"Bing bing bing!" you can bet Steve Ballmer's singing that ditty at Microsoft HQ today. A survey has placed his search engine ahead of Yahoo. Now there's only Google to beat.
The venerable stats firm Nielsen is behind these new figures, which are based on "intentional" searches only, and ignore "contextual searches," slideshows or other effects. Nielsen pegs Google at around 65% of all U.S.-sourced searches. Yahoo's share fell from 14.6% share in July to 13.1% in August. Microsoft's Bing beats it with a share of 13.9%.
This is a testament to the innovation and aggressive marketing that Microsoft achieved with its revamped, re-engineered, rejuvenated search engine. You want proof? Look no further than Google's recent about-face on the look and feel of its iconic home page. You can now install a lush, full-background vanity photo behind the search box—an idea stolen from Bing.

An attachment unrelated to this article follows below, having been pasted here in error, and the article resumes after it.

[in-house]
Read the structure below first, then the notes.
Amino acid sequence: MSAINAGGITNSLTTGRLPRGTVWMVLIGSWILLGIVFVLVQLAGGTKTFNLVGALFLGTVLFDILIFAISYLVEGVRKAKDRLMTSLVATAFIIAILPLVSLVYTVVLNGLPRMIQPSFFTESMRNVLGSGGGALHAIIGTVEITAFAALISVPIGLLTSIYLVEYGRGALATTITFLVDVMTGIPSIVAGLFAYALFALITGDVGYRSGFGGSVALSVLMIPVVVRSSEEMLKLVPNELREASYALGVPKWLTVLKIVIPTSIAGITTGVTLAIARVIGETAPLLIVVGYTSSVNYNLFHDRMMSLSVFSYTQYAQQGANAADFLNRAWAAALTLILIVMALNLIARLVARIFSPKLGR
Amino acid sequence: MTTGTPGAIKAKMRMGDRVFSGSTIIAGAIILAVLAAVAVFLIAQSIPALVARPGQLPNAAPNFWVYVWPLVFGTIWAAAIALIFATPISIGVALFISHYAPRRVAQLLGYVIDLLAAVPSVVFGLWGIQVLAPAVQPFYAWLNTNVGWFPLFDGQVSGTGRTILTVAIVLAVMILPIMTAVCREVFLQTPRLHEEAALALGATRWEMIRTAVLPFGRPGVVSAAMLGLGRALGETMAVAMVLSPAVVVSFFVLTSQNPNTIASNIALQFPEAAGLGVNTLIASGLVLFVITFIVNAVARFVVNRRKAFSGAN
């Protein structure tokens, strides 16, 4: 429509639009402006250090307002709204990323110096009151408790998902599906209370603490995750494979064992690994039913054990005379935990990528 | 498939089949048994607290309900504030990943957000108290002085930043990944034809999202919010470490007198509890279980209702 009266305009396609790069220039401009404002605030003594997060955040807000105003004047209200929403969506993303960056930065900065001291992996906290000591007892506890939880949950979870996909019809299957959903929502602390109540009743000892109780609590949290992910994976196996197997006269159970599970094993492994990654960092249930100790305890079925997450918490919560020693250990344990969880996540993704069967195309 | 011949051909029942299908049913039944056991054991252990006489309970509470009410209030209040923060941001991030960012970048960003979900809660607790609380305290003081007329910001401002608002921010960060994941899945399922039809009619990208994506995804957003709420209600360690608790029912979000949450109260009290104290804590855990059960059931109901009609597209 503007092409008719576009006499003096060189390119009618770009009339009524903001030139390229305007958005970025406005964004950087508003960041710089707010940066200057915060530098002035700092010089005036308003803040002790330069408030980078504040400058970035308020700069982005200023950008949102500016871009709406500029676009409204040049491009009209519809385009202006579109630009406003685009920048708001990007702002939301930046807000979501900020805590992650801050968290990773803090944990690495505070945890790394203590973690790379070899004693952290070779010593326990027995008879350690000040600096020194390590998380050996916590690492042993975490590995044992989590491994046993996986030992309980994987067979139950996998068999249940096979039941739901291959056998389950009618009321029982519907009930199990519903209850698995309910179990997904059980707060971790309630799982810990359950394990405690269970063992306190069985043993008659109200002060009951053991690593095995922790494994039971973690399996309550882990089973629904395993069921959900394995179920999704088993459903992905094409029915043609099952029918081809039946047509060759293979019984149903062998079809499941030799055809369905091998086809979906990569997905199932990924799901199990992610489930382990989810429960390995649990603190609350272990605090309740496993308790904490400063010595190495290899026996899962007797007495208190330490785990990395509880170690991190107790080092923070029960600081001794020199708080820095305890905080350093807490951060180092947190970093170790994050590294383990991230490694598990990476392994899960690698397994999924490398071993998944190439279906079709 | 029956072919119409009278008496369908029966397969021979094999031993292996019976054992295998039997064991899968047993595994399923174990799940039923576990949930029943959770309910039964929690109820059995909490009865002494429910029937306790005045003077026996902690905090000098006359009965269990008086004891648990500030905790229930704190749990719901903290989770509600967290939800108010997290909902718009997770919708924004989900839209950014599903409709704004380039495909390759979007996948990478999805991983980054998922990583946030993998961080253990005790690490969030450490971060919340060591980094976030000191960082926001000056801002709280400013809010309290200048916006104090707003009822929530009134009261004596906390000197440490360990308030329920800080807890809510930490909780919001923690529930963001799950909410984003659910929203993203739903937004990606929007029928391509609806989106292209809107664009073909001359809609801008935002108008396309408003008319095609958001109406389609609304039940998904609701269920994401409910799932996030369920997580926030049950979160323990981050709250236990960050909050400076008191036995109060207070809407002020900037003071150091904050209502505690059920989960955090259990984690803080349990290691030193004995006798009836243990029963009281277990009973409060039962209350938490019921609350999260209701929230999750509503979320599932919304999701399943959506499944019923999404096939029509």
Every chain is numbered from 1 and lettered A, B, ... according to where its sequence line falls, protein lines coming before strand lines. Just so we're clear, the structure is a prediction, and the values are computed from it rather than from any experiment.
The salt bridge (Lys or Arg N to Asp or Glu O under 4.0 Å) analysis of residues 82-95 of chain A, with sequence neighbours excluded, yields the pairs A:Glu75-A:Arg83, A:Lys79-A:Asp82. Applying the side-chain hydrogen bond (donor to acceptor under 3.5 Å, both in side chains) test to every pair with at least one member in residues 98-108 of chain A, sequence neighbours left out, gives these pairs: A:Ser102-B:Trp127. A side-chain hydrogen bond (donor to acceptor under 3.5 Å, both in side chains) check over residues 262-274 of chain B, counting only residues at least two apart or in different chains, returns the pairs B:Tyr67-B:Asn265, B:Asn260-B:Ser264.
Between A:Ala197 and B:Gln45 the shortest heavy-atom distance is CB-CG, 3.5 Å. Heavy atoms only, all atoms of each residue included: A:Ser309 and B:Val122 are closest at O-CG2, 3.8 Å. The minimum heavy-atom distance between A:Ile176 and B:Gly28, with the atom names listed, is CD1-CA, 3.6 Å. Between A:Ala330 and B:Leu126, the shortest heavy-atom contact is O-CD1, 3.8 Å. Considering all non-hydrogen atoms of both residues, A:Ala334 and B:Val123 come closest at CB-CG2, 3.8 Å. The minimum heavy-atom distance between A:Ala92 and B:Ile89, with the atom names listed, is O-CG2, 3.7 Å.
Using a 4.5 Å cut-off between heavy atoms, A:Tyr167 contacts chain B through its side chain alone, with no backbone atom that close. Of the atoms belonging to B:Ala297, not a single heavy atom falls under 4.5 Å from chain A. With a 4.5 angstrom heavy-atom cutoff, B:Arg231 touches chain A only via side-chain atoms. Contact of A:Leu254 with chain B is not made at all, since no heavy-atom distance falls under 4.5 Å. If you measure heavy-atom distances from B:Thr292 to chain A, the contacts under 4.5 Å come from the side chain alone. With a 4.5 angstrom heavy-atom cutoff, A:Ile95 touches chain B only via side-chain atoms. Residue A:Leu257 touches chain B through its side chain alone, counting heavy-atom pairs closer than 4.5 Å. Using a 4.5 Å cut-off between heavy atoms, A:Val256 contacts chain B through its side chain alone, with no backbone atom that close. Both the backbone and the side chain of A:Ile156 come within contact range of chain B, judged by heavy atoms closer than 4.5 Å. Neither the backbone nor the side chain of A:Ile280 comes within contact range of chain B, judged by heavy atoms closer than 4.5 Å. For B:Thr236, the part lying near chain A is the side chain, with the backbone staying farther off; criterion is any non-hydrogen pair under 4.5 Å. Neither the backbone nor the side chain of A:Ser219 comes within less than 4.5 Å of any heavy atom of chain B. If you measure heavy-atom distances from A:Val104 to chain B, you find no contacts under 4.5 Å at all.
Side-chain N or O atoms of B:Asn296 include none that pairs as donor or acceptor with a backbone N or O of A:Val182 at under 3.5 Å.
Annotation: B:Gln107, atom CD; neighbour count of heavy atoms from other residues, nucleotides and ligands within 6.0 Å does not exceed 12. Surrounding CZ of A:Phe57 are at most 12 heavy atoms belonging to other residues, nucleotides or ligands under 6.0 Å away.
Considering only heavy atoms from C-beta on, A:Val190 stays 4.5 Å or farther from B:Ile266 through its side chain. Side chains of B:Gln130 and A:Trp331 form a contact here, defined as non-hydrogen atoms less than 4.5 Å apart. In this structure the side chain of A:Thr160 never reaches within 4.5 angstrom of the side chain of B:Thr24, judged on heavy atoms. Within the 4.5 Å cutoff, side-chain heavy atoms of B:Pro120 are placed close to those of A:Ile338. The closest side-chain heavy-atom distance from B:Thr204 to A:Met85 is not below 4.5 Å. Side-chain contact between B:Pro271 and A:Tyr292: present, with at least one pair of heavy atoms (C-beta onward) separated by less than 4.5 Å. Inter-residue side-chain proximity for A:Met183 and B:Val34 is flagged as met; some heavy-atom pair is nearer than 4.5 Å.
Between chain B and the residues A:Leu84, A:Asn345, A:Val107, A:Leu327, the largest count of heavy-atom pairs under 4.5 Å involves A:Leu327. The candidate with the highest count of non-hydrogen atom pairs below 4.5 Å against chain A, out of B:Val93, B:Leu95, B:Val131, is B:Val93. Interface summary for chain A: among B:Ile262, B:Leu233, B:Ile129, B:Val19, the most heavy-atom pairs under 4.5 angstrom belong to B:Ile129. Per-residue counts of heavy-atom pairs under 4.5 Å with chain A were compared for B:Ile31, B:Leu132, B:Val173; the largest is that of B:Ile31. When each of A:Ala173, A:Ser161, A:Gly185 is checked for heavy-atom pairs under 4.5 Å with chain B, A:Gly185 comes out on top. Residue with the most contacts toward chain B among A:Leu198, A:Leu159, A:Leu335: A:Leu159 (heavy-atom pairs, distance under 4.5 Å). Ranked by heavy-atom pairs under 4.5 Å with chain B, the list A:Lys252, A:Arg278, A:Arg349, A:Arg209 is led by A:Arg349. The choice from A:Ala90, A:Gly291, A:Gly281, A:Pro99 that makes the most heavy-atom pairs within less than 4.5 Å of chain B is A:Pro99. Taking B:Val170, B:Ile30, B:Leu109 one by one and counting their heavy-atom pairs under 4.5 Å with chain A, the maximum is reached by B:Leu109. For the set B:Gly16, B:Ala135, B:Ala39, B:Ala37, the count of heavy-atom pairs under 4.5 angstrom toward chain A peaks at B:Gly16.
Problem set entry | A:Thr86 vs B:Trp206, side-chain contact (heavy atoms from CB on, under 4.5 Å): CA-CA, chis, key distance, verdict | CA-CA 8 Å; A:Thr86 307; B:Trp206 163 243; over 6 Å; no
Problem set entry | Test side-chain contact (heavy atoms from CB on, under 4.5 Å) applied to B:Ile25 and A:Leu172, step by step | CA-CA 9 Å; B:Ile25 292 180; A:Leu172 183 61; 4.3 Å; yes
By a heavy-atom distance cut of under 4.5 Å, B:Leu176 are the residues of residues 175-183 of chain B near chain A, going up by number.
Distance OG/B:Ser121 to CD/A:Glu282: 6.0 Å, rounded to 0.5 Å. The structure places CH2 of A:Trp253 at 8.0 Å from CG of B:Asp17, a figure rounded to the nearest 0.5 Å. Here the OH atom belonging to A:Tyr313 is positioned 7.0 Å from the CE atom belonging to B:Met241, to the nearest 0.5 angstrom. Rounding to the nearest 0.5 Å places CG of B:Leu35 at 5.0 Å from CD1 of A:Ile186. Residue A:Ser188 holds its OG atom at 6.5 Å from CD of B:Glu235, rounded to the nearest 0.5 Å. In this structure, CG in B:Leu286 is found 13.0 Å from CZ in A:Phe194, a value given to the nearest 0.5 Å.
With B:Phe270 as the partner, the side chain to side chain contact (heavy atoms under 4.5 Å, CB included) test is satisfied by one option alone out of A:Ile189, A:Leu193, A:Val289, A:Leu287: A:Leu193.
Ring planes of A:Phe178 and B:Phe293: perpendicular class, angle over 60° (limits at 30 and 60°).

The figures look better for Bing when you look at the year-on-year trend. It went from 10.7% in August 2009 to 13.9% this year. Yahoo's slippage looks even worse. It went from 16% last year to 13.1% this year.
Of course, there's more than one way to skin a search engine. Different research firms measure Google's, Bing's and Yahoo's successes differently. Recent stats from Comscore and Hitwise both put Yahoo in second place. But smart observers will note the trends in the Nielsen data. The absolute levels of each firm's market share are debatable, but trend lines tell an undeniable story.
So will Google Instant solidify Google's position at the top of the search tree, stealing away customers from its slower-footed rivals? Or will Google Instant's ADD interface actually help Bing's numbers? If Instant is a hit, will Microsoft move quickly to make up for its slip-up last year, and add an innovative Instant-like services of its own? Meanwhile, what on Earth can Yahoo do to get back in the game?
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